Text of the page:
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Jose Mertz
Jose MertzCourtesy of the artist

The art programme hoping to bring new life to Detroit

Over the summer three artists, Jose Mertz, Felicia Forte, and Steve Kim, temporarily moved into the city’s East Market to create a series of new works

Detroit is experiencing a cultural Renaissance. A city with a history marred by racial tensions, unemployment, a heavily decreasing population, and bankruptcy is now dubbed a place “for regeneration”. Red Bull’s House of Art is just one programme helping to inject life back into Downtown. Turning the gallery into a live-in residency programme, the House of Art acts as an incubator for local as well as national artists by providing accommodation, studio space and materials to create. Each residency then culminates in a free exhibition – curated by Matt Eaton. Over the summer, three artists, Jose Mertz, Felicia Forte, and Steve Kim temporarily moved into Detroit’s House of Art in the city’s East Market to create a series of works that were unveiled in August. As the exhibition closes and House of Art prepares to launch its next show, we catch up with Mertz, Forte, and Kim about their experiences with art and their impressions of Detroit.


Can you tell us about the works you've created for the show?

Jose Mertz: The work created for the show was based around Eastern philosophy and images that are usually associated with Kung Fu and zen. I put my own twist on it, and embedded my own personal perspective on the mythology behind the work. I have images of dragons, praying mantises and tigers.

You have a fascination with animals – are the creatures you choose symbolic? Or are they more used for aesthetic reasons?

Jose Mertz: More symbolic than anything. Although they are incredibly fun to draw and flesh out, it's the particular creatures that I end up using are ones that have meaning to me. The dragon represents the unseen world. The tiger is more the world of matter and the cardinal world. The mantis is a spiritual guide through reality in a nutshell.

Where do you draw your inspiration from when creating art?

Jose Mertz: To this day, I still find inspiration in science fiction and the mystic arts. Things like sacred geometry, extraterrestrials, old tribal ways, manga animation... all kinds of things. I absorb from all directions and then try to make sense of it in my personal life and how it can translate to the general world through images.

You're based in Miami, but spent time in the Red Bull Studio in Detroit for this residency programme. Tell us about your impressions of the Detroit art scene and what you learned?

Jose Mertz: Detroit was a great experience for me. I was not sure what to expect but I came in town with an open mind and with the intent to create new work, which worked out great. It was a very hard working, down to earth vibe in Detroit, and I got to explore and create with no pressure and to take my time in a great facility. The art scene is very solid in Detroit. I saw amazing murals by artist friends of mine and when exhibitions came around, it was always a packed scene.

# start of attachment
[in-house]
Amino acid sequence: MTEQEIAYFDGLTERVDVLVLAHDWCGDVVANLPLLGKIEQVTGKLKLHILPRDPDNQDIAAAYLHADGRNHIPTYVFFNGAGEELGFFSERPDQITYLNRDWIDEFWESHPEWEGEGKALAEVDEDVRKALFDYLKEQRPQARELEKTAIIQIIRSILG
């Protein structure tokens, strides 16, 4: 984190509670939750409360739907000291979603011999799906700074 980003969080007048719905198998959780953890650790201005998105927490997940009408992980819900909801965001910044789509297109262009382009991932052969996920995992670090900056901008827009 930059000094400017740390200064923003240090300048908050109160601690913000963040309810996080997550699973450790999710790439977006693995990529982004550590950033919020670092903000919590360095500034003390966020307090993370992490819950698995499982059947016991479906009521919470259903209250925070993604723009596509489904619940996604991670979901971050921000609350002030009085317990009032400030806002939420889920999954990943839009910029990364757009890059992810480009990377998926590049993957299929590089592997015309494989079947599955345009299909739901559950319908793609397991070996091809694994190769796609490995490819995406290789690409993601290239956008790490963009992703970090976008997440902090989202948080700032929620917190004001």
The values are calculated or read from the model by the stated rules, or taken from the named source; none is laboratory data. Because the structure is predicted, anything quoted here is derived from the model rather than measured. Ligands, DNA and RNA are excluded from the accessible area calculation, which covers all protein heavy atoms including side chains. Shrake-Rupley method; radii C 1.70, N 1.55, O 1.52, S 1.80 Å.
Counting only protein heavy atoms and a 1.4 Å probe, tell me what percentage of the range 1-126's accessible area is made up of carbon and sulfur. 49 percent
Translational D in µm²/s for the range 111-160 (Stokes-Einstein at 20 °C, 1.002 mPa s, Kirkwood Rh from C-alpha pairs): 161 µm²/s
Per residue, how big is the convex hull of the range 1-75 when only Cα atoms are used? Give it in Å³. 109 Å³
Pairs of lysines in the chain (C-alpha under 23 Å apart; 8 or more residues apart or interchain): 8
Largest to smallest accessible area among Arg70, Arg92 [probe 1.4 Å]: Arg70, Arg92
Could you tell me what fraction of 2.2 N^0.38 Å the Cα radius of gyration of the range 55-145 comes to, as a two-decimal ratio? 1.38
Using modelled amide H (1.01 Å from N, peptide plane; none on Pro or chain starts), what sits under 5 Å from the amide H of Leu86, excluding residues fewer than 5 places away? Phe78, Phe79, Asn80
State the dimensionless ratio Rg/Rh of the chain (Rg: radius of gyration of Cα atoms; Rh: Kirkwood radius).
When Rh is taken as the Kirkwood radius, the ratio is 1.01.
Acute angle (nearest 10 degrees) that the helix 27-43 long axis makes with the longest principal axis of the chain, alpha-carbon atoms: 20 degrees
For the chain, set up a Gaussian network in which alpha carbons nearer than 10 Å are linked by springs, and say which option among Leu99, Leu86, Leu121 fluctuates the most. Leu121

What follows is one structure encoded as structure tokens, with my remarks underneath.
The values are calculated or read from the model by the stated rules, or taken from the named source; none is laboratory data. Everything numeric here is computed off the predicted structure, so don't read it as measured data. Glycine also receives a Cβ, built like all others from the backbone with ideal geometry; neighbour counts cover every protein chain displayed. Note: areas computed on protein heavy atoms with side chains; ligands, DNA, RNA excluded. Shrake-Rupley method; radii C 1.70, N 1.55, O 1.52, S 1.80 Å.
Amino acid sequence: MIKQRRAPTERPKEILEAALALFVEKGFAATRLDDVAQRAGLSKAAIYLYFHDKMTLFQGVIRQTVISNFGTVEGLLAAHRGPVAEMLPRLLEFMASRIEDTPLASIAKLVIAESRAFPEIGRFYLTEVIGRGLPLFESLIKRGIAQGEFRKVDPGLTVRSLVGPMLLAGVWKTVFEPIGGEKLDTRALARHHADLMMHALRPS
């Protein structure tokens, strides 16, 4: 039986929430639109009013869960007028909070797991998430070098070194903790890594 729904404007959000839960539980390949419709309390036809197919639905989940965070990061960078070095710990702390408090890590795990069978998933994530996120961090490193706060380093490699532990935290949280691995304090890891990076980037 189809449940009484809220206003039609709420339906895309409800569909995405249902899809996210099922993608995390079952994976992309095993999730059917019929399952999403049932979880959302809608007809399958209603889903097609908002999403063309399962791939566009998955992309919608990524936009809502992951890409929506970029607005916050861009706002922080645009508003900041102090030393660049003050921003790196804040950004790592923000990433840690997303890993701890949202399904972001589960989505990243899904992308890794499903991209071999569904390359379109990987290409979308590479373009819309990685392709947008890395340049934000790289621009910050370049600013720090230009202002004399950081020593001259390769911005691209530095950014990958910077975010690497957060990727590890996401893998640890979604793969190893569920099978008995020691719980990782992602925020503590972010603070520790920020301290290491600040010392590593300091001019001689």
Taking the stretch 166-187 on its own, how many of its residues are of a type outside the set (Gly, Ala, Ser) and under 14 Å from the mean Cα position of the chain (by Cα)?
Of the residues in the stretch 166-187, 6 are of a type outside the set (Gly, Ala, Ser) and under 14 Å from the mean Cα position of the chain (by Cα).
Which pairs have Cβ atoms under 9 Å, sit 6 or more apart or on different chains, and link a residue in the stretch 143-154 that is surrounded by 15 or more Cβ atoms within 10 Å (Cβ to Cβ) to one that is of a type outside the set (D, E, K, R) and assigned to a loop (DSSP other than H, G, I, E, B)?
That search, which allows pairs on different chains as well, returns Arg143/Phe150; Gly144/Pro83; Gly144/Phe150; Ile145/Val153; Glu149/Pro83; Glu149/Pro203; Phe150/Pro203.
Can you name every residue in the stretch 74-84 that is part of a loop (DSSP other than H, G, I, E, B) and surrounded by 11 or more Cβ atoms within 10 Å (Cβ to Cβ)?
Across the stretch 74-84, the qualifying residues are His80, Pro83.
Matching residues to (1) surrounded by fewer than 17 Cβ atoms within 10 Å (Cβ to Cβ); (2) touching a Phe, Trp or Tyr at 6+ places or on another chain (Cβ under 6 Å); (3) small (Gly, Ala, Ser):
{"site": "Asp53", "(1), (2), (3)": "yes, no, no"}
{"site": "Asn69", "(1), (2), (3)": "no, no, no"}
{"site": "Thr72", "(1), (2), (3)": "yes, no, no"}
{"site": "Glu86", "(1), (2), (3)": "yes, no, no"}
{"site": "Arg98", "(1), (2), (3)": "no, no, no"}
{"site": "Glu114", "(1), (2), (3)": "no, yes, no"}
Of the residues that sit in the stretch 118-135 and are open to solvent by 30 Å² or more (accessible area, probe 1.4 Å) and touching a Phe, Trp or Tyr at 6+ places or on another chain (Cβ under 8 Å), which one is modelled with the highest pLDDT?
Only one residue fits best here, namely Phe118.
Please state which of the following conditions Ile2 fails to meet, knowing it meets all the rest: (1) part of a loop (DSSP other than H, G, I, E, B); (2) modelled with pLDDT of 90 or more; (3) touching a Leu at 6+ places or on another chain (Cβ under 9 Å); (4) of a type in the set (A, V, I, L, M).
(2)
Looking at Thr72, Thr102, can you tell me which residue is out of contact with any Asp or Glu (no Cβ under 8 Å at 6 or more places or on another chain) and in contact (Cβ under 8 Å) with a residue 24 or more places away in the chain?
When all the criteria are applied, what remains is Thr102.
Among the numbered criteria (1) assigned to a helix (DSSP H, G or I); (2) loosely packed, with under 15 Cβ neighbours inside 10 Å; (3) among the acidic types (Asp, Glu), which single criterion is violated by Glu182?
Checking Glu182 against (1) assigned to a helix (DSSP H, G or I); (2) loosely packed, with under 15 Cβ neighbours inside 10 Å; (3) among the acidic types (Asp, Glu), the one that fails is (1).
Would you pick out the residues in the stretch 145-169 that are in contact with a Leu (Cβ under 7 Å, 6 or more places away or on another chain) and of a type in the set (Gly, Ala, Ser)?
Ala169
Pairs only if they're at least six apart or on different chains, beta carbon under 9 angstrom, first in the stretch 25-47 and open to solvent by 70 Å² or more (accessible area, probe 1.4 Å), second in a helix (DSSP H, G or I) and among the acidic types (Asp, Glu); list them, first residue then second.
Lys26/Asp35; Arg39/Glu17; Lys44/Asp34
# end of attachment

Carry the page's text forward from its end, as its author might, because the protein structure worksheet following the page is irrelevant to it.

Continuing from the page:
What's next?
Jose Mertz: Right now I am preparing for Art Basel Miami in December. I will be showing with Thinkspace at Scope Miami and I will also be possibly working on a new mural. I also have some other illustration projects coming for next year in the world of film as well as music.


Can you tell us about your works in the show?

Steve Kim: I had about 30 works, half based on personal photos and half based on film stills. I worked on large-scale oil paintings for the first time in several years ,as well as smaller pieces in watercolour and coloured pencil.

You have said you enjoy working with 'byproducts' – can you tell us more about how you came to work this way?

Steve Kim: I seem to have trouble coming up with things from scratch, such as creating or inventing. It’s easier to modify something that’s already there. So working from photos is important in that respect. I don’t have to think too much, I just need to observe and copy and wait for the inevitable disappointment and disenchantment that follows. The feeling of having seen it all, of having been there... that’s when I feel there’s something to do, something to modify, edit or fix.

Tell us about how film inspires your work – and how you worked with it for this residency?

Steve Kim: The original idea was to do some paintings based on horror films set in Detroit. A few years ago there were several that were set and shot in the city. One in particular, It Follows, left a lasting impression on me. However, once I was scrubbing through that movie and the others set in Detroit nothing really grabbed me, and I ended up working from other films more or less at random.